At the same time, the Cold War had considerably converged the domestic and cosmic over the 70s. While 2010 may venture even further into the galaxy than 2001, it also departs from Kubrick’s vision by featuring a large number of scenes set in present-day Earth. In place of the prehistoric prologue of the original, we open with the Very Large Array in the New Mexico Desert, where Hyams and Clarke commence a story that is thoroughly embedded in the geopolitical landscape of the time. In that sense, 2010 feels considerably less futuristic than 2001, since it replaces the notional futurity of Kubrick’s film with a more specific sense of countries, jurisdictions and political ideologies. At one point, in a scene shot in front of the White House, an FBI agent jokes to Floyd that the depths of space are nothing compared to the travails of political life: “I’ve got an idea – you go see the President, I’ll go on the mission.”
Hyams thus presents the monolith as the latest theatre in the Cold War. Rather than fighting for control of Europe, the Soviet and American contingents on the Leonov are contesting control of Europa, the Saturn moon that has pulled the Discovery into its own gravitational field. As they move towards Europa, the situation deteriorates in Europe, leading them to gradually express their “hope that there’s a planet to return to.” When war is formally declared in the third act, all Americans are ordered to evacuate Russian territory and vice versa, even in the depths of space, where the US crew have to move onto the dilapidated Discovery to avoid remaining in enemy territory. Conversely, when they beam the monolith’s message back to Earth in the closing scenes, it ends the Cold War, although we never see this.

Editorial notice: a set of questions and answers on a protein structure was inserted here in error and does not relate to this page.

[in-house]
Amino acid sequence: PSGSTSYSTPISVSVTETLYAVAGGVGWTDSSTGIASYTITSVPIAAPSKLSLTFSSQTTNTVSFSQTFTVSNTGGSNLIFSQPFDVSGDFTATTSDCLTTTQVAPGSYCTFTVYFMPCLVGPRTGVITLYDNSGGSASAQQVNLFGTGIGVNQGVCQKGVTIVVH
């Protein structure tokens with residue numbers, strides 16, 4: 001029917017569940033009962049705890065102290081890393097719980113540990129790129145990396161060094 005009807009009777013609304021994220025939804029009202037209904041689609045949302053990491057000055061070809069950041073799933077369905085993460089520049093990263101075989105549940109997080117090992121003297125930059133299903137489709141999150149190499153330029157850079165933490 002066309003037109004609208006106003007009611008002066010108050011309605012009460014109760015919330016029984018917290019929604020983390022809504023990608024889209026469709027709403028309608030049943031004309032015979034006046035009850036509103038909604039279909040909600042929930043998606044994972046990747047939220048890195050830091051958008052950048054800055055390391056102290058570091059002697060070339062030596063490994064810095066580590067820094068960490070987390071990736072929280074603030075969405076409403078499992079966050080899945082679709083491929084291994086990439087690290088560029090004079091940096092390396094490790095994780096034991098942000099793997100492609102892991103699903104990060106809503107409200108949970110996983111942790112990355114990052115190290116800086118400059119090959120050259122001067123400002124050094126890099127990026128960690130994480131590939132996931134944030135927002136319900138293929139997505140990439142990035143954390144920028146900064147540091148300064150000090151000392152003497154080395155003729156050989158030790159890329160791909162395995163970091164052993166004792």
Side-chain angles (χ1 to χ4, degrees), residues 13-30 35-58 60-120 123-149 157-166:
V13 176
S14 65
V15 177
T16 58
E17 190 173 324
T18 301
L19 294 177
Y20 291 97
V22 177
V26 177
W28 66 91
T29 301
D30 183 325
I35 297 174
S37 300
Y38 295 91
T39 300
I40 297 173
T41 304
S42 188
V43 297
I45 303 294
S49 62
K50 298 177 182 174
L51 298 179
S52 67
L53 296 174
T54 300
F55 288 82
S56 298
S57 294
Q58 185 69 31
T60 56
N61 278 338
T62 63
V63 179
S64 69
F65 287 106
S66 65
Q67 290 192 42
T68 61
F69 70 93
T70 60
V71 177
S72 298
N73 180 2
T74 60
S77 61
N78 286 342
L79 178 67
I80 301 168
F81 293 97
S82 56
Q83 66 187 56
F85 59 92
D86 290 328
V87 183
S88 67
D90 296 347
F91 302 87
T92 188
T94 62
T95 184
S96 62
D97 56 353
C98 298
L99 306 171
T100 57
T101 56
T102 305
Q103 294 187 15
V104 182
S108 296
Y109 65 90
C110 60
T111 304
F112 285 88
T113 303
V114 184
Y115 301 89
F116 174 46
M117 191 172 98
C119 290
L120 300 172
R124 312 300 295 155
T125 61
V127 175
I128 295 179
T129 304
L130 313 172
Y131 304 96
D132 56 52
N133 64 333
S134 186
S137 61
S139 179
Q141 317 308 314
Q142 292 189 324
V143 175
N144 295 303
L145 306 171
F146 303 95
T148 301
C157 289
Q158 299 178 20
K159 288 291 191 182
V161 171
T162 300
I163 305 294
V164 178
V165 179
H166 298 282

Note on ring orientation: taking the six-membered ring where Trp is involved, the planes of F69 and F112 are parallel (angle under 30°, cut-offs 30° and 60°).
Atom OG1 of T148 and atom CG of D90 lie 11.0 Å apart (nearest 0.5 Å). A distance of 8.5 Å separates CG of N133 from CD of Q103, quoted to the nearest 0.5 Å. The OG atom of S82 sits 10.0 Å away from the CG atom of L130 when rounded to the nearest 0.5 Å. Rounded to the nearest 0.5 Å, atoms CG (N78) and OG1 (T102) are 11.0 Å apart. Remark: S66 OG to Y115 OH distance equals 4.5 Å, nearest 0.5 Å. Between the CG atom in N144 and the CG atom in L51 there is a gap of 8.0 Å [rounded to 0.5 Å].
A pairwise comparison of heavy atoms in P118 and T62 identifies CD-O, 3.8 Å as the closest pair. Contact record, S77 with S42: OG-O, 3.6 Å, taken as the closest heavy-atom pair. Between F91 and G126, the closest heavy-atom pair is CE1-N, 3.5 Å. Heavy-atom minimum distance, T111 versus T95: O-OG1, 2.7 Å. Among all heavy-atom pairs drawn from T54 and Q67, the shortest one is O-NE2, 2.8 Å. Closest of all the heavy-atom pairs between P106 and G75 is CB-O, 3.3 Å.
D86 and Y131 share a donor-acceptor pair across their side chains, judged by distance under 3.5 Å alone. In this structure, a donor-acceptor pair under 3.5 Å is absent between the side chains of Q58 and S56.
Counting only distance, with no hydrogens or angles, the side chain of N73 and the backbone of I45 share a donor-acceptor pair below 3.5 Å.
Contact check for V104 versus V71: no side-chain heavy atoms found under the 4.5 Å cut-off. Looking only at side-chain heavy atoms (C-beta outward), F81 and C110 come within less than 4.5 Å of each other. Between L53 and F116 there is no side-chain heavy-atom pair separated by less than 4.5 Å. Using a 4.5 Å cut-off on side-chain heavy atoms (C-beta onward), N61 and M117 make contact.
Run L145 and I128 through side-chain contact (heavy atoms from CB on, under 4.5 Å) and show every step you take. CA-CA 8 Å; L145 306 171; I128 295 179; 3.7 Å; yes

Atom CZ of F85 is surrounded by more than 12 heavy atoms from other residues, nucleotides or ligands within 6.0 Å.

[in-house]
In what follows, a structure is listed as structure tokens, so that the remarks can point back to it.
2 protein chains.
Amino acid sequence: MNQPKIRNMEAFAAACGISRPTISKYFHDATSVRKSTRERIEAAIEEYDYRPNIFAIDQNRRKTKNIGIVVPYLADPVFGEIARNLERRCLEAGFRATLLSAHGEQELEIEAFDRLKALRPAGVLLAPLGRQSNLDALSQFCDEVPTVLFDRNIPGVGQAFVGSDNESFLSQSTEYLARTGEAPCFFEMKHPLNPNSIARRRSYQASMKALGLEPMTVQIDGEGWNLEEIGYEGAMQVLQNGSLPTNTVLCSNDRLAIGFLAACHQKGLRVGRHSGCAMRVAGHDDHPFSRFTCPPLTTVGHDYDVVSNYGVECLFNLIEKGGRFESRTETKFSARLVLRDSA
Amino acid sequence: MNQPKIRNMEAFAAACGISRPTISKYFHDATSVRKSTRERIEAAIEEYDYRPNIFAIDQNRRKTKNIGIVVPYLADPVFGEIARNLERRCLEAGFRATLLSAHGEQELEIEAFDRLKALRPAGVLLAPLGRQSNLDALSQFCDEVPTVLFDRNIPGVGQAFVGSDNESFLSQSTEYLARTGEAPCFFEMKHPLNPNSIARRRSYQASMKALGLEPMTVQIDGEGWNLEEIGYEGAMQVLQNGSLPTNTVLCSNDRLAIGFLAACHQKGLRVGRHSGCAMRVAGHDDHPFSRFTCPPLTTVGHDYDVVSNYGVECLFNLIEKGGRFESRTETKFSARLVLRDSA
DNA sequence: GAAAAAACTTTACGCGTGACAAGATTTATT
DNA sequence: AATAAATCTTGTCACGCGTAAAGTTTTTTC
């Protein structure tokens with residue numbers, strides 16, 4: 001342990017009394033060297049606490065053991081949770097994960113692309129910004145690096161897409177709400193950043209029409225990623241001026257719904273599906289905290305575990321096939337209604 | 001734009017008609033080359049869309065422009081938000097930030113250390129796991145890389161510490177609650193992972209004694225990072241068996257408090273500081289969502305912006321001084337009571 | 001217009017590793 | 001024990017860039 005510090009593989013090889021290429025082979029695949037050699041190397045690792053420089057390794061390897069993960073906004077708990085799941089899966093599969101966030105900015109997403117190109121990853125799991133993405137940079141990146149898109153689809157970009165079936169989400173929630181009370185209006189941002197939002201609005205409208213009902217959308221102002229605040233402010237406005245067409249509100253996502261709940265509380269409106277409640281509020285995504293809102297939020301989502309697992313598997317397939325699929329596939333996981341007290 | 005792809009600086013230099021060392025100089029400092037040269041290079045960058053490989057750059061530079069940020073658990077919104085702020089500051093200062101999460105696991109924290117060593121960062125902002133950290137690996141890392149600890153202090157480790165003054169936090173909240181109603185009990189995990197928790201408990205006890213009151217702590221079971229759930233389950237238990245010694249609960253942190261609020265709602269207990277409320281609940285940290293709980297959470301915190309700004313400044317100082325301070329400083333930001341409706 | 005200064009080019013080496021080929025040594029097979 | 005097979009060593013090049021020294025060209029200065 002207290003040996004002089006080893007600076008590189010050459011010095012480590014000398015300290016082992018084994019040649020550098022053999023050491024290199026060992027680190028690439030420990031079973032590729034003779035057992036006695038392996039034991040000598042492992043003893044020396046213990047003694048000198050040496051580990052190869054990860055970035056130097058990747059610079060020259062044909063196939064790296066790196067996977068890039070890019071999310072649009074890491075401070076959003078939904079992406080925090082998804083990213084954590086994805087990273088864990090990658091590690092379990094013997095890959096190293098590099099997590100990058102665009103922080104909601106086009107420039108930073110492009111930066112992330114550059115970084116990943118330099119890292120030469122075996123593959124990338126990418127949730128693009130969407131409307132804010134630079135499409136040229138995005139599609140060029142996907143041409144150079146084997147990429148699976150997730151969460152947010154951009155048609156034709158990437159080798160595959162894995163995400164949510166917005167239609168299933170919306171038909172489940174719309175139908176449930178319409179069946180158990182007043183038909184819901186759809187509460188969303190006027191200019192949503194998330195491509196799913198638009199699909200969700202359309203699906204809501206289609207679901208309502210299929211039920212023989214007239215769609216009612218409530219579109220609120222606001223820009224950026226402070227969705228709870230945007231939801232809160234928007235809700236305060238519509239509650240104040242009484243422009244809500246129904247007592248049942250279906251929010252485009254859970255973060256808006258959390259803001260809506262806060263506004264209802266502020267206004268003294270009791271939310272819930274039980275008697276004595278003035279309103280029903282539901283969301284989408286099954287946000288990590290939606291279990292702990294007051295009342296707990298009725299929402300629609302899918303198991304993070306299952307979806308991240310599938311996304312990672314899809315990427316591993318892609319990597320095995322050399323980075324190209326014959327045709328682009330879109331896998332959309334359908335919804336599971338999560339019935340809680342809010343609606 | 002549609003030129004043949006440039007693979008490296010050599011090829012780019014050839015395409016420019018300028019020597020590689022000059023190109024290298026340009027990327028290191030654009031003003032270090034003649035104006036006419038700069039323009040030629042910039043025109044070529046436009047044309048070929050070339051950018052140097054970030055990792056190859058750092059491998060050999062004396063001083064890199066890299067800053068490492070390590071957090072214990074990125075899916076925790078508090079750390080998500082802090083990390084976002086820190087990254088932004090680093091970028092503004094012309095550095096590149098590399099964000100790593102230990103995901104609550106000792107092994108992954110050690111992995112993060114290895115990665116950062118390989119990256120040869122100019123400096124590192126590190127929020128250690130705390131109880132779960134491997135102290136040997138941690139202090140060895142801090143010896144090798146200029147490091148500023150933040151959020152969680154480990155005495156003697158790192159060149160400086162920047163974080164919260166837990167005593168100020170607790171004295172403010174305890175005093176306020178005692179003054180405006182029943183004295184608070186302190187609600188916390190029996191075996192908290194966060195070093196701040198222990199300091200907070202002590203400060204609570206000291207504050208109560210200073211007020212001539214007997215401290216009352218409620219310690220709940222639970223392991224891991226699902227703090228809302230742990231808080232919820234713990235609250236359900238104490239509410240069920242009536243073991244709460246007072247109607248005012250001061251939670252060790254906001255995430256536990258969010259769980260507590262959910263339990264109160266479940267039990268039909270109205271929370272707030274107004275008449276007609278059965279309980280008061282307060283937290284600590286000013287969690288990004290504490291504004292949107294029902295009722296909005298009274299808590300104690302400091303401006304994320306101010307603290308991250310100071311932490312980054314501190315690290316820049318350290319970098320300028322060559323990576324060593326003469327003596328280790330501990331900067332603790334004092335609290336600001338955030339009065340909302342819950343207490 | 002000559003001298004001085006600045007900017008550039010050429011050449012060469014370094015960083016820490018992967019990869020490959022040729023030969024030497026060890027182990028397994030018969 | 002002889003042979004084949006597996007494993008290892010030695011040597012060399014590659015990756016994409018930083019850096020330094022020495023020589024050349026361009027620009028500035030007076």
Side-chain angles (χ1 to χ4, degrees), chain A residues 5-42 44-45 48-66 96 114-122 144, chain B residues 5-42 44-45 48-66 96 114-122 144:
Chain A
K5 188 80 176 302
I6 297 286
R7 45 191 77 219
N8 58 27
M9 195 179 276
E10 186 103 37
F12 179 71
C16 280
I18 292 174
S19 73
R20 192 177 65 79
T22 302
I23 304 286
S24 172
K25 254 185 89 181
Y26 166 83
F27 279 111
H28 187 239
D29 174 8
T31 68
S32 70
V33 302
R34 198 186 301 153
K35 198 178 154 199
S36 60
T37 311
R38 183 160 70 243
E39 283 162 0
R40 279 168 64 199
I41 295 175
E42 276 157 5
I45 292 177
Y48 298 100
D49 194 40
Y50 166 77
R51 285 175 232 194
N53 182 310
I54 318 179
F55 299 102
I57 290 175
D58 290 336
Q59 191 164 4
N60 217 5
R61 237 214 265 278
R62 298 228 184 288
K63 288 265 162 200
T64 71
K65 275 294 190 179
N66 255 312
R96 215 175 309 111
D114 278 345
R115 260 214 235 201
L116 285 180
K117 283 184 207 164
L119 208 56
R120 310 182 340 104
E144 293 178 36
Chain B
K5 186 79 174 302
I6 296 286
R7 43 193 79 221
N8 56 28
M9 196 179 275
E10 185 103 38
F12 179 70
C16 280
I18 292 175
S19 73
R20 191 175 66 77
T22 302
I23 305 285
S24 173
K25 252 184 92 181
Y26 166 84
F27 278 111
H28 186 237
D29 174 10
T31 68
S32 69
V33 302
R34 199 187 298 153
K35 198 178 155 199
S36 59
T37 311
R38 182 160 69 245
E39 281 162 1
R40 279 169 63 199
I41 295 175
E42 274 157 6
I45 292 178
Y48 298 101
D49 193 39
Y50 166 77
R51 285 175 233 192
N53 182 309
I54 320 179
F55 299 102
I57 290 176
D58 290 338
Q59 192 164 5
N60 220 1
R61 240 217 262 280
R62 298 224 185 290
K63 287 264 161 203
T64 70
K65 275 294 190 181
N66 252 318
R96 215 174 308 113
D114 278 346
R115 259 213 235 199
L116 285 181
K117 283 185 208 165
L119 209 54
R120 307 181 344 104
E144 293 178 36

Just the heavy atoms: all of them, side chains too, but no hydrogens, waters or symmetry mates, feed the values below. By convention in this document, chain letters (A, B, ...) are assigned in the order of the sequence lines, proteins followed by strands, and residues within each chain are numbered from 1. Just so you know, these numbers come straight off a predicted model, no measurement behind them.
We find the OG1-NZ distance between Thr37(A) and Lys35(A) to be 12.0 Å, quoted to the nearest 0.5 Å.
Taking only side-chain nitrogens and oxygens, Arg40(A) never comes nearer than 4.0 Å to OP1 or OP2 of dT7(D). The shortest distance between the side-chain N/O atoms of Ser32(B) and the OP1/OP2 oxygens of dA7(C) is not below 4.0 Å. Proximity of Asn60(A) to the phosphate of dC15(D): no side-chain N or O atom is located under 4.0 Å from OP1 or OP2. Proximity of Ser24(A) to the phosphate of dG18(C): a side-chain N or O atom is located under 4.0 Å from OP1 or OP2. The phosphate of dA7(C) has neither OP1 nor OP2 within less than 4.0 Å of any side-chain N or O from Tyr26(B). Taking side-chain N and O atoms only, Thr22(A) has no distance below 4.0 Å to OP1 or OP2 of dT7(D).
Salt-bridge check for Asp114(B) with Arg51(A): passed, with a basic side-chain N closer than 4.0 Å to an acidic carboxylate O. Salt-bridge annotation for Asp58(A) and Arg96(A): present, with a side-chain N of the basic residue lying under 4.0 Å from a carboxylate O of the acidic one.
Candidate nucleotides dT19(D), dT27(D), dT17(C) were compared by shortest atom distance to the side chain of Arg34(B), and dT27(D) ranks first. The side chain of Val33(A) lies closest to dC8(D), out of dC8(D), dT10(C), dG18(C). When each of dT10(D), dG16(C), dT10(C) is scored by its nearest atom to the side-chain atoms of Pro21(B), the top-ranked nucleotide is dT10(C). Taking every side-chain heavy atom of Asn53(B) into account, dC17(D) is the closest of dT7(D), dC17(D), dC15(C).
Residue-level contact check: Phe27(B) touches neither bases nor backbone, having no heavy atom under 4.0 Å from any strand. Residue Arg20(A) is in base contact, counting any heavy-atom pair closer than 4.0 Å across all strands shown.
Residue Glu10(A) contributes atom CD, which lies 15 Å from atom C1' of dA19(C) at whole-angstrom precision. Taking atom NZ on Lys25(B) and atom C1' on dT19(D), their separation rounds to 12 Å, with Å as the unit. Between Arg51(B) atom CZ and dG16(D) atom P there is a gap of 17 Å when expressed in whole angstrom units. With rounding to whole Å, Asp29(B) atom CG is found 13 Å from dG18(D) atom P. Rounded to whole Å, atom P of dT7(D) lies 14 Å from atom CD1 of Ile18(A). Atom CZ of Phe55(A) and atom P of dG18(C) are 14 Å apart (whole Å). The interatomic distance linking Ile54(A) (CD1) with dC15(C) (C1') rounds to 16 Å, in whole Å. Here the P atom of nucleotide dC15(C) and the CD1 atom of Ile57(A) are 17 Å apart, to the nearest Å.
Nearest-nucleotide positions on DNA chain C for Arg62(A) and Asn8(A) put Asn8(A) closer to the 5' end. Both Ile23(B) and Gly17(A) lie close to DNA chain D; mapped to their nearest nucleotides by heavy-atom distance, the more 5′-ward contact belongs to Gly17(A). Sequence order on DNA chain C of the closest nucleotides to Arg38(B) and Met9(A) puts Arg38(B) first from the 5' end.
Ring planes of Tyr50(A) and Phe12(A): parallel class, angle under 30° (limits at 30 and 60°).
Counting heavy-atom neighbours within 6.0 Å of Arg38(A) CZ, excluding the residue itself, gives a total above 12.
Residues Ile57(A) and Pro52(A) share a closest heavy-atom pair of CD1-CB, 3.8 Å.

All of this gives 2010 a much more discursive and expository quality than the elliptical moodiness of 2001. A good deal of Kubrick’s sublimity involved eschewing language, whether in the prelingual prologue, the postlingual finale, or by recourse to the mechanised voice of HAL. By contrast, 2010 is obsessed with Dave’s last words – “so many stars” –vand starts with a long conversation, at the Very Large Array, which is accentuated by Floyd shouting down from the satellite to the Russian astronomer who comes to ask for his help on the Leonov. The film as a whole is also full of explanatory sequences, while the reprise of the famous closing “room” of 2001 now features dialogue too, as the eerie man of all ages finally speaks.